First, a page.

BDD – Behavior Driven Development

Posted on December 2, 2016 By

Continuous Integration using Behavior Driven Development Tests for Clients recently have entailed the use of Specflow, NUnit (Like JUnit), WebDriver, Selenium, C#, HTML and similar technologies within a technology “stack”. BDD as it is called is but one key PART of a unified continuous test, build and deploy strategy employed in the software development life cycle.

BDD uses a simple “human language friendly” means of gathering the USER and OWNER expectations of what an application should do when certain actions take place within a running application, for example:

• “when I do “this”, and “this” happens

• then when “that” happens and has been “verified”,

• I will then do “this” other thing and “something else” happens.

• ETC.

The BDD process converts common sense action statements into method stubs which eventually are then developed to activate the running instance of an application/page object of the application via a POM, which is an acronym for a Page Object Model class. Each POM applies to objects within a specific screen or view of a running application..

There are also Actions that can be taken or completed via the application which are defined and accessed using the LFM (Logical Functional Model), which is the series of “methods” or “functions” that each view of the application offers to the user for operation.

Clicking a button, entering text or selecting values from a list, are all “actions” that perform business functions based on the underlying required business/application logic.

Typically what follows are some verification steps that the program uses to test and confirm that the desired actions have taken place, just for example:

• a new page is loaded

• a new value is committed to a database and confirmed

• a text value is changed in the application

• a visual element of the page is altered, rotated, updated or similar action

This kind of test automatically runs in a comprehensive application specific manner, whenever the application is updated, or expanded via a test server like Jenkins or Team City. These are instances of Build/Deployment test servers, which take the application under development, every time it is updated… and build it for the end user configuration. Then it runs the BDD tests to see if all the desired and expected outcomes and data flows, are as required.

They do this by performing a complete series of pass/fail tests, notifying pertinent team members whenever failures have occurred. They function much like a human user would, as application actions and values are tested, and expected outcomes are verified.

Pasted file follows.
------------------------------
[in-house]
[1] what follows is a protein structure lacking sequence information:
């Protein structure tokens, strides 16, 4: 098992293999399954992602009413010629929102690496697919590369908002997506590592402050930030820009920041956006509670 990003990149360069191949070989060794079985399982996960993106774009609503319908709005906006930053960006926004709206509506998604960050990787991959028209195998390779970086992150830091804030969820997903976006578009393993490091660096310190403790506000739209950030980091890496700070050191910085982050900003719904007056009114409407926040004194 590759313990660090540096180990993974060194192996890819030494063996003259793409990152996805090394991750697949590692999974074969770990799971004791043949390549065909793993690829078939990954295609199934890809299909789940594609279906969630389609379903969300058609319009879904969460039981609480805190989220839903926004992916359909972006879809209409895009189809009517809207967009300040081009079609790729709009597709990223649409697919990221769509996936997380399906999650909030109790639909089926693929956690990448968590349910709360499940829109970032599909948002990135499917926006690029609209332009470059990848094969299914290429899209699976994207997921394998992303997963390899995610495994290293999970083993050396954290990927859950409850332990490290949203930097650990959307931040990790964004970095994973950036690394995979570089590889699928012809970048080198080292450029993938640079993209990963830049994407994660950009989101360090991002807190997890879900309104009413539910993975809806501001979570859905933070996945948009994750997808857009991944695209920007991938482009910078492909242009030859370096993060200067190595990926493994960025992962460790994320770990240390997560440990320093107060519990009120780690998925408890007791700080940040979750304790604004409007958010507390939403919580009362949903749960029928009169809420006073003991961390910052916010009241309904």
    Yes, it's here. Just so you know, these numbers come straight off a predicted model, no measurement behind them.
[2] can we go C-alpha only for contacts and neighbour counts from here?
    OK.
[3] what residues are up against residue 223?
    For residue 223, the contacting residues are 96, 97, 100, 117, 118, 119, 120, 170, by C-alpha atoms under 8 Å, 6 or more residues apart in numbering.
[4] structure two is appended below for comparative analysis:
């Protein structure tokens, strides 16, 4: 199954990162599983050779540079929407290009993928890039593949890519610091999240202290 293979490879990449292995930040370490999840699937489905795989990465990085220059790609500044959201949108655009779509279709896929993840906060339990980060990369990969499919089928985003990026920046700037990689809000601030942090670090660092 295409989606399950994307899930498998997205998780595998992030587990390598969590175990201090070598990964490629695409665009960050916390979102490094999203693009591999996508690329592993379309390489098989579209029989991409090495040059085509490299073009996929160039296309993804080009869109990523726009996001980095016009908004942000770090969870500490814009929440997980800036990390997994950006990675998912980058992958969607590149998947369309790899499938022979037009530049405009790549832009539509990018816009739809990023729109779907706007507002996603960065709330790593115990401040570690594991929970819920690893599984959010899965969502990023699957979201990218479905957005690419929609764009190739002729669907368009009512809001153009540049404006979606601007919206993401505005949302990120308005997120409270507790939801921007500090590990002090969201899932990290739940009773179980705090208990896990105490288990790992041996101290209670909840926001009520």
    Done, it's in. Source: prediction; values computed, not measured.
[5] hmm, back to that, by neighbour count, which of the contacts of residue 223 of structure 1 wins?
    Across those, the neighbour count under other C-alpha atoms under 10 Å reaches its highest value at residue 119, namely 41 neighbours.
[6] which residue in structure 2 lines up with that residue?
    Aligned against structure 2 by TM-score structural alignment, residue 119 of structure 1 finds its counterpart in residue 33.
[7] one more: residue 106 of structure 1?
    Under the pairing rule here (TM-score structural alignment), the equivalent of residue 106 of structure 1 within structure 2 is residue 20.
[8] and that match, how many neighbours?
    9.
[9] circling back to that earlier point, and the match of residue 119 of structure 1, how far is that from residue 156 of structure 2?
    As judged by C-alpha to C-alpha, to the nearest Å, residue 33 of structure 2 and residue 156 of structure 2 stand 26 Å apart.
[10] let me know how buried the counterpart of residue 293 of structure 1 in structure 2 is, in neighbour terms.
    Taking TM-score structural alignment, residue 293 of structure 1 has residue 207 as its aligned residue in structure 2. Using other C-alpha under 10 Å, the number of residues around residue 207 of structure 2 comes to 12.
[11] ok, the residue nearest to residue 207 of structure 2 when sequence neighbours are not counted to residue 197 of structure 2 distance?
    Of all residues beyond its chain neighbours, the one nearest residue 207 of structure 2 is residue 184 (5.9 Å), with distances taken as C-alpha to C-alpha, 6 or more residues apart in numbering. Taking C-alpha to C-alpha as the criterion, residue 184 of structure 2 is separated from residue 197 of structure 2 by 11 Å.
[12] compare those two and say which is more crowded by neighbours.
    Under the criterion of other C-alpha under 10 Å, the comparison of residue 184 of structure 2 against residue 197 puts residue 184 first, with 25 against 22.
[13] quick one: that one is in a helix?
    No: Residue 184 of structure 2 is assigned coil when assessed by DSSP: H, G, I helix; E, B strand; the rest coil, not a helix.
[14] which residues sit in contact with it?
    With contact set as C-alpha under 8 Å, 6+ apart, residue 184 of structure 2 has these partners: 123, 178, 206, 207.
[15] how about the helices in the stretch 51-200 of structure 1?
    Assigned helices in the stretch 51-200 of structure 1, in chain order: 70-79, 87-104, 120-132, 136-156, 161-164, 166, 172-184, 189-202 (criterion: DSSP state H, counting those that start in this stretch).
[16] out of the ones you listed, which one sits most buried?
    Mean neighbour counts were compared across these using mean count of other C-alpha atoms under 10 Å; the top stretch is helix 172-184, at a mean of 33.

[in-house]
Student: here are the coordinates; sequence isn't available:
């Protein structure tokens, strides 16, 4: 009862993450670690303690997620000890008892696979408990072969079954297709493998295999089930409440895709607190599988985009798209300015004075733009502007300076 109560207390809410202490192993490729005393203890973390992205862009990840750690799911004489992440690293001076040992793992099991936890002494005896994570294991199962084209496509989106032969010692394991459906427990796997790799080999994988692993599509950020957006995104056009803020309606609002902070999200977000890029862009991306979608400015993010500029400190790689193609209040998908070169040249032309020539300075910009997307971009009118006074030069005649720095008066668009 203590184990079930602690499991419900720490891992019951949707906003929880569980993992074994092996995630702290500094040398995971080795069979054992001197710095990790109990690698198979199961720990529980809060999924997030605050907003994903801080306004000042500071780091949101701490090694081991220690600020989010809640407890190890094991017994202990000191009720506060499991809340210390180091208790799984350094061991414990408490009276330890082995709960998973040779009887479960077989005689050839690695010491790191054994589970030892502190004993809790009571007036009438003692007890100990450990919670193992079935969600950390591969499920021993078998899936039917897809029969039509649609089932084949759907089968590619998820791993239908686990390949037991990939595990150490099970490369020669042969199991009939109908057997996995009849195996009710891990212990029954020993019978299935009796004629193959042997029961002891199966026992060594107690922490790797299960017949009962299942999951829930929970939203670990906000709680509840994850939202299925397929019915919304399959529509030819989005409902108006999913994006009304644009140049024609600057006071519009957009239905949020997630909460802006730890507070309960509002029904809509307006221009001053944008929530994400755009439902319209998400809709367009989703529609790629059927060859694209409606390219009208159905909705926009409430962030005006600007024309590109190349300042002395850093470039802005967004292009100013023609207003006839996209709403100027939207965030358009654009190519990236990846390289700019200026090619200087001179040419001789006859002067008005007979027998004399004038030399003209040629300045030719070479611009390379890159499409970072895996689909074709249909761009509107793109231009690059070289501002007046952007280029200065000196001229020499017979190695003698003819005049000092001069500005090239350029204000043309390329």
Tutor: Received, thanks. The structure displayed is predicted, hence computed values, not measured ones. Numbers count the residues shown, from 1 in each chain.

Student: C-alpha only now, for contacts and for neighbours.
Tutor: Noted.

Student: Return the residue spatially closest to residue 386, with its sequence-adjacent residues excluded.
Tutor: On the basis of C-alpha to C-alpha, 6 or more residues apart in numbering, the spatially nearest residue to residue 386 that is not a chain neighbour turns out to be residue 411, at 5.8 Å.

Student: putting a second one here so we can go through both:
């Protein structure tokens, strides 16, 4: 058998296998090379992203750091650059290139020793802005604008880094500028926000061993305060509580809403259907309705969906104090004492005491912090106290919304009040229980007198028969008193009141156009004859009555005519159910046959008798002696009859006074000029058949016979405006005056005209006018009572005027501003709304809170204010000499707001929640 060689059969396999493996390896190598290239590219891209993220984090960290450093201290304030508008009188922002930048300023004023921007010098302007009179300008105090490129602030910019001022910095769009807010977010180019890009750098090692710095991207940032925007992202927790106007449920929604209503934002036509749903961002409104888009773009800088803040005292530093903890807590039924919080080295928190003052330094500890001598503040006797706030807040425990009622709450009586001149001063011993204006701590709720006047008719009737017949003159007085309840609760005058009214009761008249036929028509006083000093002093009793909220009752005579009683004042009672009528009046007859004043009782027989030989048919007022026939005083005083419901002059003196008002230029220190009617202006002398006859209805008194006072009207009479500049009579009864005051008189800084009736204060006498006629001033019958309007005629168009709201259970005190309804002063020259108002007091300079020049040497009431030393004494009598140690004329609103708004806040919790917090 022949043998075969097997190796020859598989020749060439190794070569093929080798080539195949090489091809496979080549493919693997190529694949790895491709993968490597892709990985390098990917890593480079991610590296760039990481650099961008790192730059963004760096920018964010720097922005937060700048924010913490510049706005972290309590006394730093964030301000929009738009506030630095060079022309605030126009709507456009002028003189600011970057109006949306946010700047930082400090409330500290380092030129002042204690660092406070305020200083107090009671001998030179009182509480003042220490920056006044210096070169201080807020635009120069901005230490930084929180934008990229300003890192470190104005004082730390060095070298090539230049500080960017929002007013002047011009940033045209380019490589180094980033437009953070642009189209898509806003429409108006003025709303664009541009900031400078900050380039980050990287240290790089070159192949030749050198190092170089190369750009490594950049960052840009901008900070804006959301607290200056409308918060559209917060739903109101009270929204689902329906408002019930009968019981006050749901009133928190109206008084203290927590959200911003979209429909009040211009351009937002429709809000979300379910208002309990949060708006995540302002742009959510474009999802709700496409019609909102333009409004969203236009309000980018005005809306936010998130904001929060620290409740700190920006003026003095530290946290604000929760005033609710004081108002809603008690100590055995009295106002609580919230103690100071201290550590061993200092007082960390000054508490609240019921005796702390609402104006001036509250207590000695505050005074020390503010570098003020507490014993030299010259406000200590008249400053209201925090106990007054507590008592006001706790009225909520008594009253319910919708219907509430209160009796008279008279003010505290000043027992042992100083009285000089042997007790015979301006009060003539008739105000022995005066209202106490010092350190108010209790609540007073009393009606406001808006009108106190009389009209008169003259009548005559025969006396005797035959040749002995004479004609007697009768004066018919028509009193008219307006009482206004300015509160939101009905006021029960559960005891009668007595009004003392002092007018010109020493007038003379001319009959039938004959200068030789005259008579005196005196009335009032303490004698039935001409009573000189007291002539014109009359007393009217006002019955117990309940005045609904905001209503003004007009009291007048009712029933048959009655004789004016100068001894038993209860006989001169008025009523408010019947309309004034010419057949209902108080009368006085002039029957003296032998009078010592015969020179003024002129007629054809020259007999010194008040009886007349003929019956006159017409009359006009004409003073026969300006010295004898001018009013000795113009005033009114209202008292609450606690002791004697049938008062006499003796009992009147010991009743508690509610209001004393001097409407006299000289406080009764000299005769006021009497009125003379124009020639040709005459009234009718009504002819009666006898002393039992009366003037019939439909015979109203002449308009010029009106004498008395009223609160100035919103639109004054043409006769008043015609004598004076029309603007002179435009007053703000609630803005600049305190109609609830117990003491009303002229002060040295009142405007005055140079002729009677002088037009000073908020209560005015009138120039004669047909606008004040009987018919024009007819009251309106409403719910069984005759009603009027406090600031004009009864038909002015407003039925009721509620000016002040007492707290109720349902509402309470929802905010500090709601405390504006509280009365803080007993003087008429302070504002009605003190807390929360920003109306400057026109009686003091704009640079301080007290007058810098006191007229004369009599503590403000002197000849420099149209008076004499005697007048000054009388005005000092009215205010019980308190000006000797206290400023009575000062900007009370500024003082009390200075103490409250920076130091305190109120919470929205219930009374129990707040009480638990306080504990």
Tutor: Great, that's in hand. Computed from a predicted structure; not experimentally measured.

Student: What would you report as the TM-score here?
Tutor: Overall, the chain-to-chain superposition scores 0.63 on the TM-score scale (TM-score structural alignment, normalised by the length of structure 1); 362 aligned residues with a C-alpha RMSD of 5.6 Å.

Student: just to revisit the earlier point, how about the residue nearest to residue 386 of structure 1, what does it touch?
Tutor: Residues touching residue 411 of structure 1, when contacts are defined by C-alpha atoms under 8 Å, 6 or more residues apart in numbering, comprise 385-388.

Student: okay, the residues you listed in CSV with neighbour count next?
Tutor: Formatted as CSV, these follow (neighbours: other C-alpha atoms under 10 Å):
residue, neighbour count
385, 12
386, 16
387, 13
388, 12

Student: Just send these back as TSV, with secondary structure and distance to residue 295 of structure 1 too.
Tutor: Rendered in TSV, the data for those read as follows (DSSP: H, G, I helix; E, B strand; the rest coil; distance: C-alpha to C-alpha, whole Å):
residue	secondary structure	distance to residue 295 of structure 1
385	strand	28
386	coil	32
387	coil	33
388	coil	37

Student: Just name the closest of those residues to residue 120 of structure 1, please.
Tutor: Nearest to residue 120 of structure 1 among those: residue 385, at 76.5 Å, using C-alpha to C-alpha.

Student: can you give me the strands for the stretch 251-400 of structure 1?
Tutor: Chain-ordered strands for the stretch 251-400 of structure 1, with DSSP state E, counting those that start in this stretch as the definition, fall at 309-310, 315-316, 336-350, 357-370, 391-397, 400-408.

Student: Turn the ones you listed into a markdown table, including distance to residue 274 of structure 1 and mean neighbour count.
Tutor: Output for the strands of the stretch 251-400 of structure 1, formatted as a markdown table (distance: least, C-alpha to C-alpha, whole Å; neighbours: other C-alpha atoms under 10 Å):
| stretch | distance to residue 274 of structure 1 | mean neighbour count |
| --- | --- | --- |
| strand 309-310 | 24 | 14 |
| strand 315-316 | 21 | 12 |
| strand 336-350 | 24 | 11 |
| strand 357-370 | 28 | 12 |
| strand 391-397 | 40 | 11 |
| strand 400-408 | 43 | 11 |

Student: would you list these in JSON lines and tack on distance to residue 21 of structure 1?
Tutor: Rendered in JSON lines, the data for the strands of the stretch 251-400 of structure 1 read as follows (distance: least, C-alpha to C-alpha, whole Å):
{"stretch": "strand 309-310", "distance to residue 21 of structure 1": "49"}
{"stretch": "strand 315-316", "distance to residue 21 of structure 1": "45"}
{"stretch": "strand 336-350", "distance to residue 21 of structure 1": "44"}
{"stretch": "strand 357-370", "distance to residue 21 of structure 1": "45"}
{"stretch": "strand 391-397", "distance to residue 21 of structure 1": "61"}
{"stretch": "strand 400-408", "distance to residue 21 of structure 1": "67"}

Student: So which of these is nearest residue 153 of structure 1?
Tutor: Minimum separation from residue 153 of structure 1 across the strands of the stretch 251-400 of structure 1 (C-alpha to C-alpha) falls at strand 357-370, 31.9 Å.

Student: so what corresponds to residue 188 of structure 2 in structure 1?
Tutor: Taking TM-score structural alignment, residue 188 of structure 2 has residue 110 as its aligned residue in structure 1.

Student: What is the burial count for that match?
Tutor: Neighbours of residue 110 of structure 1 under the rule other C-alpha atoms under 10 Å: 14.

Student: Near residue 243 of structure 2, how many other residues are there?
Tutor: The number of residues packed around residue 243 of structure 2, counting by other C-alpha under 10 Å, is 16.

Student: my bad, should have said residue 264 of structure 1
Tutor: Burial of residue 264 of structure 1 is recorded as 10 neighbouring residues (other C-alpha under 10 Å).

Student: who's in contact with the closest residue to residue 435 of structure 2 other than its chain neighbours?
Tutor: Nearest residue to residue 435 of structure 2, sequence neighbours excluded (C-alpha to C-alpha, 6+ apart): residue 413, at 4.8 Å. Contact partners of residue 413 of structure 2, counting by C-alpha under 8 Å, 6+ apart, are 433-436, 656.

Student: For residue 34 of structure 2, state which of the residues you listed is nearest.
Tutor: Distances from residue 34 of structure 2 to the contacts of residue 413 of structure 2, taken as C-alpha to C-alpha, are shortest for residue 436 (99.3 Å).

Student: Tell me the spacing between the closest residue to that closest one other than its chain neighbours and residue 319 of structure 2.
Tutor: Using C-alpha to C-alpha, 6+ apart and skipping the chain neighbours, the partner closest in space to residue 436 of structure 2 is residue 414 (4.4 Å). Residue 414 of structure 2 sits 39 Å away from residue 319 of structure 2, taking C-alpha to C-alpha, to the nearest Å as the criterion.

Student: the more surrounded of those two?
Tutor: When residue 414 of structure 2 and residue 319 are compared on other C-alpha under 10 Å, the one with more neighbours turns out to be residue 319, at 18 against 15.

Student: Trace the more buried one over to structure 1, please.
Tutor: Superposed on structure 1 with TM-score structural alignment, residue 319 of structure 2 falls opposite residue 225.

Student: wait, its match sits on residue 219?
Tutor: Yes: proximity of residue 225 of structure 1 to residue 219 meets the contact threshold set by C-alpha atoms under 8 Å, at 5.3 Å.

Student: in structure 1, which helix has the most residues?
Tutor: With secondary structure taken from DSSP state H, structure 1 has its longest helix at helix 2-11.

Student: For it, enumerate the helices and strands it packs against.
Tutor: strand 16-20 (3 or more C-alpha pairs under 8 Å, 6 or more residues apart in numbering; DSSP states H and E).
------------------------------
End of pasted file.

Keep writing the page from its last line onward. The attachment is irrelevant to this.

Whenever new behaviors are added or amended for the application, new BDD tests are continuously rebuilt and incorporated… capturing errors and unexpected regressions that may break the continuously deployed project at various integration points in the development process… sometimes tests are run very frequently because of rapid deployment teams, pushing successful changes to the build servers. Tests can be run every few hours or minutes… for that matter whenever check-in occures of newly revised or created code occurs.

BDD does NOT replace TDD (Test Driven Development ) performed by developers in the application building process. It serves to test the already unit tested application as it is or will be deployed. It is a best known practice to guarantee against regression and unexpected work flow conflicts between already deployed components of an application.

This will most likely be an application already built, tested and deployed but subsequently fails under unified deployment or changes to the grid of likely external environment scenarios.

A successful BDD plan, vigorously implemented, often acts as the last hurdle to jump, just prior to deployment of an application, assuring success within Continuous Integration contexts, where software is continuously and incrementally updated as the software is being developed.

Now that we have taken a high view of Behavior Driven Development, I intend to offer a basic presentation of some basics regarding a deployment process for a typical Jenkins Server on a not-so-typical free Amazon Web Service (EC2) that hosts a “MS Server 2012r” instance.

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